I ordered a bunch of ESP8266 modules in November and I have been developing applications since then with the available environments:
1 - Arduino IDE
2 - MicroPython
3 - Native SDK
Arduino IDE is great because it allowed me to re-use the code I wrote to access Azure through REST for my Azure Watering System.
Having both WiFi and a low power MCU I decided to build a Wireless station to monitor Humidity and Temperature and report to Azure.
Several SSIDs may be included in the program, therefore this monitoring device may be used inside and in the surroundings of my home - connected through home WiFi, or anywhere if I connect through my 3G+ phone.
The actual challenge for a Wireless station is to be REALLY wireless, this means running on battery. I used a 400MAh 1S LiPo I had in stock to see how long it would run between recharge.
The actual setup is as follows:
This includes more than the ESP8266 and DHT11 shield (in the back) and Battery (in front),
1 - The display and resistors are used to measu ...
Now my Azure watering system has been running for a few weeks and I can use collected data to undestand how it behaves.
The data on Azure lead to the following graphs:
The big watering bars correspond to manual watering, from this graph I understand several key points:
1 - Humidity level should be maintained between 50 and 300
2 - Cooler temperatures in November have minimized evaporation ...or plants consumption
3 - The humidity variation during a day may be important compared to the interval given before
4 - All humidity sensors seem to follow an identical pattern, but my pots are not identical!!
To know more about humidity Sensors, i will modify the configuration, two sensors will be installed in test tubes, one completely immerged and the other one half immerged .
With this 100% stable configuration and Azure data recording, I expect a clarification on humidity measurement.
My Azure watering system did work by itself during my vacation, and thanks to Azure recorded data I know a bit more about humidity and watering.
The data history shows an unexpected behavior:
Water has been pumped everyday in the pots without raising the level of humidity, the big bars on september 10th (300) correspond to manual watering. I also noticed that water was spilled under the pots, meaning that it was going through the soil - totally inefficient!! Also the correaltion of Azure data with real world showed that a humidity level of 200 was perfectly suitable for my trees.
Now I'm ready to modify the program and watering plan:
1 - I must be able to control the levels and timings remotely, I added a "parameter" table in Azure
2 - I must make four measures per day because humidity values shown are unstable
Before my summer vacations, I decided to build a watering system for my decorative trees. The soil moisture is measured with a cheap IoT sensor and the water supply uses 12V airpumps pushing air in water bottles (this makes a safe separation between electric and water circuits), the electronic schema is as follows:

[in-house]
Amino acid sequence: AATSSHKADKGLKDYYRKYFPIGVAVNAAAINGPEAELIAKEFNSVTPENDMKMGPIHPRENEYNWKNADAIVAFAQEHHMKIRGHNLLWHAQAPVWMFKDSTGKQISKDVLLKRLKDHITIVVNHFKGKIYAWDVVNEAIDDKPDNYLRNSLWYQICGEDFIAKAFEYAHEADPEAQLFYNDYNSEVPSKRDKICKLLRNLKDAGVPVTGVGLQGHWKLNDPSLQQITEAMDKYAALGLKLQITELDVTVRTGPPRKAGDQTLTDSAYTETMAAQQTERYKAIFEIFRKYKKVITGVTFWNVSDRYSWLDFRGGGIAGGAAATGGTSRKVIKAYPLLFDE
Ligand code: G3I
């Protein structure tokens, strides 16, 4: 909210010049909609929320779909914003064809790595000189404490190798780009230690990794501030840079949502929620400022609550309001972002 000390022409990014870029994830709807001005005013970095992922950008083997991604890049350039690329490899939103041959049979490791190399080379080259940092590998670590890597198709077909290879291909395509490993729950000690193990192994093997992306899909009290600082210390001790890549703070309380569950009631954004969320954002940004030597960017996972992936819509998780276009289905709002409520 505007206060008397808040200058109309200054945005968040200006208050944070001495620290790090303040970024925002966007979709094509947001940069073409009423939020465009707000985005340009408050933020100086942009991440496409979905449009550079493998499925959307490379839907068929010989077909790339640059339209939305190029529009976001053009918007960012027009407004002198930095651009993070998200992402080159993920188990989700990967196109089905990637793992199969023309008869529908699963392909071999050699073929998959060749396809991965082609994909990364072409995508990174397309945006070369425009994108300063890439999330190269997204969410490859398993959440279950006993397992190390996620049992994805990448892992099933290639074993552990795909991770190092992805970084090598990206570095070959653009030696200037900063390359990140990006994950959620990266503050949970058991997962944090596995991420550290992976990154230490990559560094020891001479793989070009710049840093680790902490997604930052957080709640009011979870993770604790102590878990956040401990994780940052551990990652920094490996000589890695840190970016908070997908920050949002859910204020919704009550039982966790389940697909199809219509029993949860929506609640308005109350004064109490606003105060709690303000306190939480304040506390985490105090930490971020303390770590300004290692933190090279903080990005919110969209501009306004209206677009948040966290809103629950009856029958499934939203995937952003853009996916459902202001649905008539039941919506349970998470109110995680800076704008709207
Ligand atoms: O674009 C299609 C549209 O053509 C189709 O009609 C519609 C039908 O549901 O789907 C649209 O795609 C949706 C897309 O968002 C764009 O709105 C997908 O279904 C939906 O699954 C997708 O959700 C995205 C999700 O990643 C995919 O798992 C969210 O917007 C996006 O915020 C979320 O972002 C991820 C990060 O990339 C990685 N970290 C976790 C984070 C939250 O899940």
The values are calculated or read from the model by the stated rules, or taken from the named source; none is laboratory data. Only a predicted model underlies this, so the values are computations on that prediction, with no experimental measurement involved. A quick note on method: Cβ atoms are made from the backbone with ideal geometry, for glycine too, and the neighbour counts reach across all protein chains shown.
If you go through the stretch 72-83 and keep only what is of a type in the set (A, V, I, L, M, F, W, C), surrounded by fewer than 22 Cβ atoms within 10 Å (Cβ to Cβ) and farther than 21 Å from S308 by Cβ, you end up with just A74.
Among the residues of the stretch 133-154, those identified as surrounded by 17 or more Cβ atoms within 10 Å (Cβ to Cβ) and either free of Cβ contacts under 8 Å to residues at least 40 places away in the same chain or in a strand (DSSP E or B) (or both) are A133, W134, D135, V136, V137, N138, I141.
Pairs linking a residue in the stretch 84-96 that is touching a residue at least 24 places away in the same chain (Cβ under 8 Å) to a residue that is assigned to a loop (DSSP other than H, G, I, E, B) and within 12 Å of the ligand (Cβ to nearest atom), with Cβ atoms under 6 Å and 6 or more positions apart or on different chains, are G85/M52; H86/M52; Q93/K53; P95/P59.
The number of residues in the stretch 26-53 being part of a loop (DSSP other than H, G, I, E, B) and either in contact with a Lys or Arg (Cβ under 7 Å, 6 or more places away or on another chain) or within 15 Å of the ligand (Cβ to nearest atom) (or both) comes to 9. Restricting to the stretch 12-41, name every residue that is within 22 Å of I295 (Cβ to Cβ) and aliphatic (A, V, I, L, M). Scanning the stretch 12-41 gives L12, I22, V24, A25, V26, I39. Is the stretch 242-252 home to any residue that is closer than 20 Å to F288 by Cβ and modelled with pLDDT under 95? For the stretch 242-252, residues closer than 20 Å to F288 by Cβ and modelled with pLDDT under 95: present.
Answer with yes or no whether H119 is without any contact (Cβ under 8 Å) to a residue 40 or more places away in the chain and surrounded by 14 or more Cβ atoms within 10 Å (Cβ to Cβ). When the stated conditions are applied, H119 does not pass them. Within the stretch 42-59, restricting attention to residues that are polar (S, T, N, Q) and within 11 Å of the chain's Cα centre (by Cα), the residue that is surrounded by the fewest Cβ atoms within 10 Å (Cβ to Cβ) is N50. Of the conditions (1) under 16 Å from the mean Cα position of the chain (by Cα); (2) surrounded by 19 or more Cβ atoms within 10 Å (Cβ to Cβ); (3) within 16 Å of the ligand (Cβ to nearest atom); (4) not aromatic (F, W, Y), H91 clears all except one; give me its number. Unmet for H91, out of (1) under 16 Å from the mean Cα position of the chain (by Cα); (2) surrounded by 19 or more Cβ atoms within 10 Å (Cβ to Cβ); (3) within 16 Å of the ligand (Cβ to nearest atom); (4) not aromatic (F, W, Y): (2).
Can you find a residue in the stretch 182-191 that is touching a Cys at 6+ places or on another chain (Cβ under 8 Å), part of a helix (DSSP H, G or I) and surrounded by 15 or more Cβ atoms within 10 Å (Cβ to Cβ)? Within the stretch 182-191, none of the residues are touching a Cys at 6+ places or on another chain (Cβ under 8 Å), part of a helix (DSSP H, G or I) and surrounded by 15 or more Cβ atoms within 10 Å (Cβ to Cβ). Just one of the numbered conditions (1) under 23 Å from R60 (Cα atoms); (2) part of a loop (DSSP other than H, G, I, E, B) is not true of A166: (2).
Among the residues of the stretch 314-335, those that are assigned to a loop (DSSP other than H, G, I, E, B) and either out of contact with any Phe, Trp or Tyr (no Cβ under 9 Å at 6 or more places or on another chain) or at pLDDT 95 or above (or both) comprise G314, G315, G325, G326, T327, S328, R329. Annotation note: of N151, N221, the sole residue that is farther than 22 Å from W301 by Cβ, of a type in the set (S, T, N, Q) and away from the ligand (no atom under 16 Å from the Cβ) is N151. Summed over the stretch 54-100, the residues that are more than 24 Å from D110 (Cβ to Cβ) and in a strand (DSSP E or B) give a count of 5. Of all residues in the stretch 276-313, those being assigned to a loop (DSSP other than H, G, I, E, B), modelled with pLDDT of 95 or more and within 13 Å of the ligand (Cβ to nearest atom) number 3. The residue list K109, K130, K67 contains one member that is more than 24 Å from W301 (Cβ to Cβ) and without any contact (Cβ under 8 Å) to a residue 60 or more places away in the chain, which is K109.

The 86Duino Educake computer monitors the humidity level once a day and will pump water if the level is too low, it sends data to Azure therefore I'll be able to see how things are going on...
Following a cat's activity is not an easy task, Azure Mobile Services makes it possible with the help of a dedicated intelligent IoT system and REST appications.
In my previous blog Windows 10 (including IoT) USB HID device identification was covered in detail. This included an app that takes the relevant IDs for an HID device and checks whether it is present on the system. Two of the IDs could be looked up via a menu as they come an HID Usage table. The menu data was loaded from a JSON (text) file and translated using Linq to a list that is the Xaml data source binding for the menu. This blog demonstrates the mechanism for loading JSON data from a text file into an Xaml ComboBox.
Human Interface Devices (HID) are supported in the “headful/headed” (viz. headless) version of Windows 10 IoT. Anything that takes users input for an app is an HID device, and can include devices such as screens that provide feedback to the user. Traditional HID devices are the mouse and keyboard, whereas gaming devices such as joystick, XBox controller and steering wheel are also HID devices. A barcode scanner or credit scanner are also be HID devices, A system with just a few push buttons to control it has those pushbuttons as a trivial HID. Technically the HID protocol was developed as a protocol for the USB-HID class such that devices that conform to that class do not need a specific driver.
Whilst the Raspberry Pi 2 has extensibility through GPIO, I2C, SPI and Single wire, the main interface for adding off-the-shelf peripherals is via USB. Unlike the desktop, there is though only a limited set of USB peripherals that can be used on the RPI2 running Windows 10 IoT in the first release. This series of articles looks at what is available and what the overarching issues are. The first Article is “Connected Devices”
Peripheral devices can be connected to the Raspberry PI 2 via the four USB host ports. The connected devices can be examined in a number of ways. This blog examines these methods.
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